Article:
By Jenny Neyman
Anyone who would equate “public comment hearing” with “boring” might have left a Jan. 19 meeting in Kenai regarding the proposed Chuitna coal mine with a different opinion. The three-and-a-half-hour session at the Challenger Learning Center of Alaska, with more than 150 people attending and nearly 60 people testifying on a petition to designate portions of the Chuit River Watershed as unsuitable for surface coal mining operations, resembled, at times, “Judge Judy” more than C-SPAN, more performance piece than watching paint dry.
Interspersed with the facts and figures — scientific and economic data cited, examples related, talk of precedents to be set and harms that could result — were more colorful testimonies. People quoted from books and delivered their own carefully crafted speeches. They teared up, made jokes and lashed out. Some spoke in elaborate prose, while others dealt out off-the-cuff quips. They invoked God, family histories and cultural heritage. Some brought props. One sang a song.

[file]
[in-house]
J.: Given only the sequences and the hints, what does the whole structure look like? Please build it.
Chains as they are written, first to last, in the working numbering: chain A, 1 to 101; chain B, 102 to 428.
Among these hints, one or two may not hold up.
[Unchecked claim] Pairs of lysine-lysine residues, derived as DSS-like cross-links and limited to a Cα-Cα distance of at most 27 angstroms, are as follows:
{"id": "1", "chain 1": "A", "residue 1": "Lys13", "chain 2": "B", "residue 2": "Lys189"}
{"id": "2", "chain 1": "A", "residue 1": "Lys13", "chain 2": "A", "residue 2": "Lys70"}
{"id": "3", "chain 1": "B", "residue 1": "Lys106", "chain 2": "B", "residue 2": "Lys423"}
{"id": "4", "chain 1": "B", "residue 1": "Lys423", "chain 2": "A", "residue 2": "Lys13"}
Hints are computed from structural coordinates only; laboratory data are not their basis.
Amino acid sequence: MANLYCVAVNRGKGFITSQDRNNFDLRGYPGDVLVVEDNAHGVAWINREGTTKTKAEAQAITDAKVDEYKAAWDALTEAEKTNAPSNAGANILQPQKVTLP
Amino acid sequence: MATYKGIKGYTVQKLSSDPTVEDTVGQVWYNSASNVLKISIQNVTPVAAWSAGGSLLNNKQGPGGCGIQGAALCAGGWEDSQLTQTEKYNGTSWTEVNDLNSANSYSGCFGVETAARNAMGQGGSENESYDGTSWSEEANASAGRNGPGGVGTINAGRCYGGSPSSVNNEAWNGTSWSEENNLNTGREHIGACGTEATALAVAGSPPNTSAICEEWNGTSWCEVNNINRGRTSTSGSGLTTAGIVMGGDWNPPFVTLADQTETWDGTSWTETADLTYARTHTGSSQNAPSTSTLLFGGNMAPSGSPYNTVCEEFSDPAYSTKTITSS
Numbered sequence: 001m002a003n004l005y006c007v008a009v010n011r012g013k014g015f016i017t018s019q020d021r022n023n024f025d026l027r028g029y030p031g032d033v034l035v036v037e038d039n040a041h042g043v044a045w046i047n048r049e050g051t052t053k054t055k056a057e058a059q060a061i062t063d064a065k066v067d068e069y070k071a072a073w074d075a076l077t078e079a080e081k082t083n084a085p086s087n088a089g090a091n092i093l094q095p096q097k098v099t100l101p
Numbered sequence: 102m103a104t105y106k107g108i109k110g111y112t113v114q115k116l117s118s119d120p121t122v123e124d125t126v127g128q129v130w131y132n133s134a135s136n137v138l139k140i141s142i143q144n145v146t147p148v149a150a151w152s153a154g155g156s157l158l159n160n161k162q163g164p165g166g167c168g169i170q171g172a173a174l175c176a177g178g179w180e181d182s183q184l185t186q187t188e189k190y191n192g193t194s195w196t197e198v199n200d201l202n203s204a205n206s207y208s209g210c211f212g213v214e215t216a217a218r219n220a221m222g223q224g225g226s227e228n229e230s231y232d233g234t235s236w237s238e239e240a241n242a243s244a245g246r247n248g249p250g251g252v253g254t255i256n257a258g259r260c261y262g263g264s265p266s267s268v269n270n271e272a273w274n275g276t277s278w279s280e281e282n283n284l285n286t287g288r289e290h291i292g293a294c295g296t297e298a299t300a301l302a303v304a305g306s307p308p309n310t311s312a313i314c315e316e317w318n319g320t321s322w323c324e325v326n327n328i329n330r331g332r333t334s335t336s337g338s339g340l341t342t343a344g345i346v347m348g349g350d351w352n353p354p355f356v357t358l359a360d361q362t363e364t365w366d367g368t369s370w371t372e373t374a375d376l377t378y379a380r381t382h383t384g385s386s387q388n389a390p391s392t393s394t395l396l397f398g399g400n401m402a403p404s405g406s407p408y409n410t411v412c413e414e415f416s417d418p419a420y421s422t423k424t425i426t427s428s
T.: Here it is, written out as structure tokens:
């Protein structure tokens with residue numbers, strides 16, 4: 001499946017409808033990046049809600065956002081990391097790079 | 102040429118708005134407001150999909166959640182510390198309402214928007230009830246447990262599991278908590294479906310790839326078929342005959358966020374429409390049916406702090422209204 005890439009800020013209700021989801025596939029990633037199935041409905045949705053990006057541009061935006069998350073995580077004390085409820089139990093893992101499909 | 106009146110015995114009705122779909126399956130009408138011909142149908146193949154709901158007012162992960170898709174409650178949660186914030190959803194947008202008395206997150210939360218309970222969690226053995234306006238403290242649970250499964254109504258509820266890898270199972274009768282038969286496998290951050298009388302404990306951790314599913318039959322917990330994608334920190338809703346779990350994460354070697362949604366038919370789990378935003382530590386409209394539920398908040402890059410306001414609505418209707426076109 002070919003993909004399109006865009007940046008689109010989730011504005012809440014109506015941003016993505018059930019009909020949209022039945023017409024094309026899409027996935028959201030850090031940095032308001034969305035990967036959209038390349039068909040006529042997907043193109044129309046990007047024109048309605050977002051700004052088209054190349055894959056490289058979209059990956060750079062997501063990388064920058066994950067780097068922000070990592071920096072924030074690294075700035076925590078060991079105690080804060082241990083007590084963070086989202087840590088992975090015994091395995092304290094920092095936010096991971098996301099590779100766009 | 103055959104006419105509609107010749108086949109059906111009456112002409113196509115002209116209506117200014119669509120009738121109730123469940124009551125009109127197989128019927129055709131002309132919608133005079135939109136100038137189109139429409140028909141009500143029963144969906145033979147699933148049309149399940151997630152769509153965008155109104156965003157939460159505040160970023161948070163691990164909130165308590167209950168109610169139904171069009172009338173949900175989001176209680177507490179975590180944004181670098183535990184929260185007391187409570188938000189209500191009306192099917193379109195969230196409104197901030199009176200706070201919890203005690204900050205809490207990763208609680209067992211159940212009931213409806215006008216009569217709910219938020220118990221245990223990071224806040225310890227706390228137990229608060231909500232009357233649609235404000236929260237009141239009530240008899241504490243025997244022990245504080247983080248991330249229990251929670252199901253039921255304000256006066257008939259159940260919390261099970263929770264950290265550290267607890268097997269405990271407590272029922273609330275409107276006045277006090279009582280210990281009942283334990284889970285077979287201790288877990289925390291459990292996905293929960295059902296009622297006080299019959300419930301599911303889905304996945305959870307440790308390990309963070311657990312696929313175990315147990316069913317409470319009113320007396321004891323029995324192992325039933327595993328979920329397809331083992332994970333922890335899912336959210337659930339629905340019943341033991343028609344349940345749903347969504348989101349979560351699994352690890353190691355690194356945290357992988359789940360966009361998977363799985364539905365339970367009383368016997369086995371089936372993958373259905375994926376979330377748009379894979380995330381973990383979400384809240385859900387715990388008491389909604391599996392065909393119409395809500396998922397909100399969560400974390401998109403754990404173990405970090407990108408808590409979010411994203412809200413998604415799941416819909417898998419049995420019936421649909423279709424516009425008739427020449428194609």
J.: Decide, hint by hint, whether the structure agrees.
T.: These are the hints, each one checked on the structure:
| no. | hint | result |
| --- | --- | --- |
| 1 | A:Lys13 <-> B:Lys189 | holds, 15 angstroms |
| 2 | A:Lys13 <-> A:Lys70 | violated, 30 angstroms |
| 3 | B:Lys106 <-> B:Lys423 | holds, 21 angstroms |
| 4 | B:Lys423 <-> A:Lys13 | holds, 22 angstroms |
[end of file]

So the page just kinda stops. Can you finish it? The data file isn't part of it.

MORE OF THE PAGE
Several took the Alaska Department of Natural Resources to task for what they perceive to be a lack of consideration given to the public’s wishes.
“DNR, you’ve got to listen to what we’re telling you. I don’t eat coal, I eat salmon. Our elected officials don’t listen to us anymore. We’re tired of this stuff with outside interest groups coming up here destroying our wildlife and our habitat. If everybody in this room would call the governor and (Alaska DNR) Commissioner (Dan) Sullivan, that’s more people who’s going to get noticed,” said George Pierce, of Kasilof. “It’s too bad that these people have to take time out to address this ridiculous matter. It’s sad it’s gone this far.”
While the vehemence, emotion, diction and drama added to the interest of the evening, it likely did not achieve the presenters’ aim — to sway the DNR decision on the petition. It’s not that the speakers weren’t welcome to talk, or that their comments weren’t heard and recorded — they just weren’t all saying what DNR is directed to consider.
“We’re looking for all comments. People need to be able to speak what’s concerning them. But what would really help is information that is directly related to what is being decided upon,” said Russell Kirkham, project manager for the Alaska Coal Regulatory Program, under DNR’s Division of Mining Land and Water. Continue reading